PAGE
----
Dog’s Grandad – with a little help from my friends

Unlike many brewers in London, Alex Hill, the founder of Dog’s Grandad, does not have a finance background. In fact his background couldn’t be further away! Alex had been working for charities in the mental health and homelessness sectors for 20 years when, as he explained, “I just decided I wanted to do something new. I love drinking beer and I had been home brewing for three to four years. My friends said that my beer was good and they persuaded me to take the plunge.”

Alex didn’t just jump in however; he first volunteered at both the Gipsy Hill and One Mile End breweries, “It gave me great experience and it didn’t feel like work, so I started to look for premises in 2019. It took me a while to find something in my price range, settling on an arch two doors down from Brixton Brewery”. However, as often happens with setting up a brewery, things didn’t go quite to plan. He had originally hoped to open last June but the negotiations, planning permission, etc, took 14 months, and Alex finally moved into the arch in December 2020. As he explained, “It took me about two and a half months to set up the brewery. It’s a 5.5 barrel plant from Latimer Ales with three 5.5 barrel conical fermenters from China. I did everything myself including the floor and cold room. I had planned to put in a Tap Room at the same time but with the lockdown affecting draught beer sales, I decided to buy a small three headed canning line. With some help from a friend, who is great with DIY, we sat there with the instruction manual and then got it going. The timing worked out quite well and I’ve had a decent trickle of can sales.”

Alex is not intending to do cask beers; just cans and kegs. However, his beers are unfiltered and unpasteurised. The two core beers are Session IPA at 4.3% ABV and Pale at 5% ABV; both are heavily American hopped. Alex explained that he wanted to get these beers right before trying ‘specials’. The first such beer is a ‘normal’ IPA at 5.5% ABV and then a range of dark beers, such as a Black IPA and an American Brown. But, quipped Alex, “I won’t be doing sours. I don’t like them.”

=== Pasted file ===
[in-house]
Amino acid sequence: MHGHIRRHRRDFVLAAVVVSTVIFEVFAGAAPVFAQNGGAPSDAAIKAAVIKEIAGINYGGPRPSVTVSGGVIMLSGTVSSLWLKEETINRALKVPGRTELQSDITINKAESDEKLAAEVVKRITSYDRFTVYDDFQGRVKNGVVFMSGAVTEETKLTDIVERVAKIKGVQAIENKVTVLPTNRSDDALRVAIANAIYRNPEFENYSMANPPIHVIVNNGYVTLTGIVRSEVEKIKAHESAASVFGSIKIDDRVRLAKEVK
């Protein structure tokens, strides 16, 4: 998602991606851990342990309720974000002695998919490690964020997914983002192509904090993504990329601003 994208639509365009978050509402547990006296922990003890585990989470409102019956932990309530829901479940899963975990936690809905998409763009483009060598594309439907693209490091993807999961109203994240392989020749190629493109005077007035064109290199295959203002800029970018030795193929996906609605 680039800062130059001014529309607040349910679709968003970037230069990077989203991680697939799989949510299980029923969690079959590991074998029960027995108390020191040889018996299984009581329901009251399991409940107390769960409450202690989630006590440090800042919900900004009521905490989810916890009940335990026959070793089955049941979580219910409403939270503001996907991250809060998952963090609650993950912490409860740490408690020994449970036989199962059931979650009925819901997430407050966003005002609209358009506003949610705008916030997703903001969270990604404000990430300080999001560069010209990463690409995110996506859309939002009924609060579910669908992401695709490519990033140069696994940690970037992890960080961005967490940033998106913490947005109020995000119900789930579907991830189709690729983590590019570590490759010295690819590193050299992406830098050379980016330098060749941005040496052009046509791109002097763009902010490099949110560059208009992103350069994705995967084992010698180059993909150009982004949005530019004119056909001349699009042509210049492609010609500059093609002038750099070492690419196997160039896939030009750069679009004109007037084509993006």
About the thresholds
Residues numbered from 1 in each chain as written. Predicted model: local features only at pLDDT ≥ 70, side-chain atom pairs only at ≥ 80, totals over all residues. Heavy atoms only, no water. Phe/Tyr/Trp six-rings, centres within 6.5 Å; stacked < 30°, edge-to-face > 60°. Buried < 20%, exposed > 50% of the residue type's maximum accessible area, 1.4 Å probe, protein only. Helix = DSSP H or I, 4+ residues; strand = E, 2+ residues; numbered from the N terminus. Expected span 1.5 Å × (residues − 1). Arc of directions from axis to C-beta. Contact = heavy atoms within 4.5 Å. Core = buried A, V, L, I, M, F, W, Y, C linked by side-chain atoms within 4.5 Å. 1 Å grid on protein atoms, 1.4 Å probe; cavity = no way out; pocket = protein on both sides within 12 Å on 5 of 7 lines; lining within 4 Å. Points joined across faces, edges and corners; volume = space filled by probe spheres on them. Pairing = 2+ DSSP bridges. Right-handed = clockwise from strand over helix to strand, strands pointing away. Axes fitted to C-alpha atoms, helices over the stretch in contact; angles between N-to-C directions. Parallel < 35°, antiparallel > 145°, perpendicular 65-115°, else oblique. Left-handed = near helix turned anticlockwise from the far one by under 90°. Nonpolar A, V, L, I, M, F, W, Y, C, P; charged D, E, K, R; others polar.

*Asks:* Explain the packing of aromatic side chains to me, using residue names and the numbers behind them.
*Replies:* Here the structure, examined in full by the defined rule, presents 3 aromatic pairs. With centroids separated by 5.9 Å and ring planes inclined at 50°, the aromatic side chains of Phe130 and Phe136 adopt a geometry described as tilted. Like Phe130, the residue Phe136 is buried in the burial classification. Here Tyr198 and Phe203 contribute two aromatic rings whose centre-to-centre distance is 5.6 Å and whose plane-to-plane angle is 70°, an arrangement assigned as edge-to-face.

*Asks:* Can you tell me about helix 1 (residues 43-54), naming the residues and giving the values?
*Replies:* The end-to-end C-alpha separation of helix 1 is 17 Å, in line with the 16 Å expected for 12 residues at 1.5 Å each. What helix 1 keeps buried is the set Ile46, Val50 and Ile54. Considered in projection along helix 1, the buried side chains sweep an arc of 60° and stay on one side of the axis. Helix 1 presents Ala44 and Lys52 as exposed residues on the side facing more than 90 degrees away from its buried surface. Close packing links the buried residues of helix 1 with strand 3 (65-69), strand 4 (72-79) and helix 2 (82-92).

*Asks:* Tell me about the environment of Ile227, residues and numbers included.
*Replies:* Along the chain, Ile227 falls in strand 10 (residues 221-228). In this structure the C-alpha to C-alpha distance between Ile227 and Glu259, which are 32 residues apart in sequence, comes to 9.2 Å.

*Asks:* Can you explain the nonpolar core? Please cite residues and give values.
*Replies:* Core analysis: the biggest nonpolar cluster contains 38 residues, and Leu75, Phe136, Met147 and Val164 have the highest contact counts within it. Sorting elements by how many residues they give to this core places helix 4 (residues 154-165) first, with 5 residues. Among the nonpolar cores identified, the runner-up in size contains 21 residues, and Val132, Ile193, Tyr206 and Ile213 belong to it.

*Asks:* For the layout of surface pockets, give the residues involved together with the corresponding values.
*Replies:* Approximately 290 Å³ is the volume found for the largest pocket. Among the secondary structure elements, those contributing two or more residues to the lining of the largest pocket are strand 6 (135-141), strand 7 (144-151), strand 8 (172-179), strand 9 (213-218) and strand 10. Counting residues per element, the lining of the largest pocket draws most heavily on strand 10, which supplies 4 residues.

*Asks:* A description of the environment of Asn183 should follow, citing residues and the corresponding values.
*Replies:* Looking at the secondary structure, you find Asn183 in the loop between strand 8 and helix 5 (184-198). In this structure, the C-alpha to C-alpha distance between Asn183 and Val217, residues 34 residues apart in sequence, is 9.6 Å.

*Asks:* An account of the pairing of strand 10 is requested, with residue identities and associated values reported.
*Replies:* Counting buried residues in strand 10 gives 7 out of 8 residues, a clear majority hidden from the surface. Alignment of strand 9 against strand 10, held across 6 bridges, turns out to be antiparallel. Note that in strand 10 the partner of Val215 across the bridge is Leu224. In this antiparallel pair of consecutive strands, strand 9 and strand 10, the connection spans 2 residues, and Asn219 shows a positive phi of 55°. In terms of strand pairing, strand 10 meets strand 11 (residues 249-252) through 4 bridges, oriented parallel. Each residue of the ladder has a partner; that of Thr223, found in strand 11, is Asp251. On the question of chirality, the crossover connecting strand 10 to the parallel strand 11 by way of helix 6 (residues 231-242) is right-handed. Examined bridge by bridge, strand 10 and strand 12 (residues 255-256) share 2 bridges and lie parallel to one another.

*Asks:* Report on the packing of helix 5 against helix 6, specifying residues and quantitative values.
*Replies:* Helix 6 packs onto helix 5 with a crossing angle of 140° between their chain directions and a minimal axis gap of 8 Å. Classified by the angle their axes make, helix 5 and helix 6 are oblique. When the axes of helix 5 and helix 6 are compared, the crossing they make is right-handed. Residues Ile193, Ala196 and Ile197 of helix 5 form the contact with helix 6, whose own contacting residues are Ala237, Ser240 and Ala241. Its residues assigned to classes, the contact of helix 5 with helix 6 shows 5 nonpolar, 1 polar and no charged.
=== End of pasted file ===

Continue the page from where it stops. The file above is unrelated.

Funding for the brewery came from Alex and his girlfriend, Laurie, topped up by a Government start up loan. But, like the help with the canning line, Alex has been fortunate with getting help from friends. One who has an IT background, did the website and online sales and another, who is a graphic designer, produced the logo and label designs for free. The help from friends is also evident in the beer production. Alex is currently brewing about once every two weeks with friends coming in to help, including with the canning. However, Alex is aware that, going forward, he can’t rely only on friends; he is currently working seven days a week as it is. Alex said, “The first people I will need to employ are bar staff as I hope to open the Tap Room on 21 May. We’ll start with Friday evening (5-11pm), all day Saturday (12-11pm) and Sunday afternoon (2-6pm) and then maybe expand, depending on how things go. I can’t wait to get people in.” Alex described his ideas on the Tap Room: “I’m a big gamer and intend to have an arcade of gaming machines and hosting gaming nights.”

As the brewery grows, perhaps not surprisingly based on Alex’s background, Alex said he would like to employ people from disadvantaged backgrounds and will probably go and talk to Ignition Brewery to see how they have fared.

But the burning question is, where did the name of the brewery come from? Alex explained, “Dog’s Grandad comes from the sayings that I and my friends use amongst ourselves such as ‘Alright Grandad’ and ‘That beer is a proper dog’. All my friends are a bit weird.” So, whether or not Alex will need his friends to help in the running of the brewery in the future, the friends will always have a long lasting impact on the brewery. After all, it was their influence that resulted in the strange name and there is no doubt that the brewery originally got going ‘with a little help from my friends’.

For tasting notes on the beers, see here.

Christine Cryne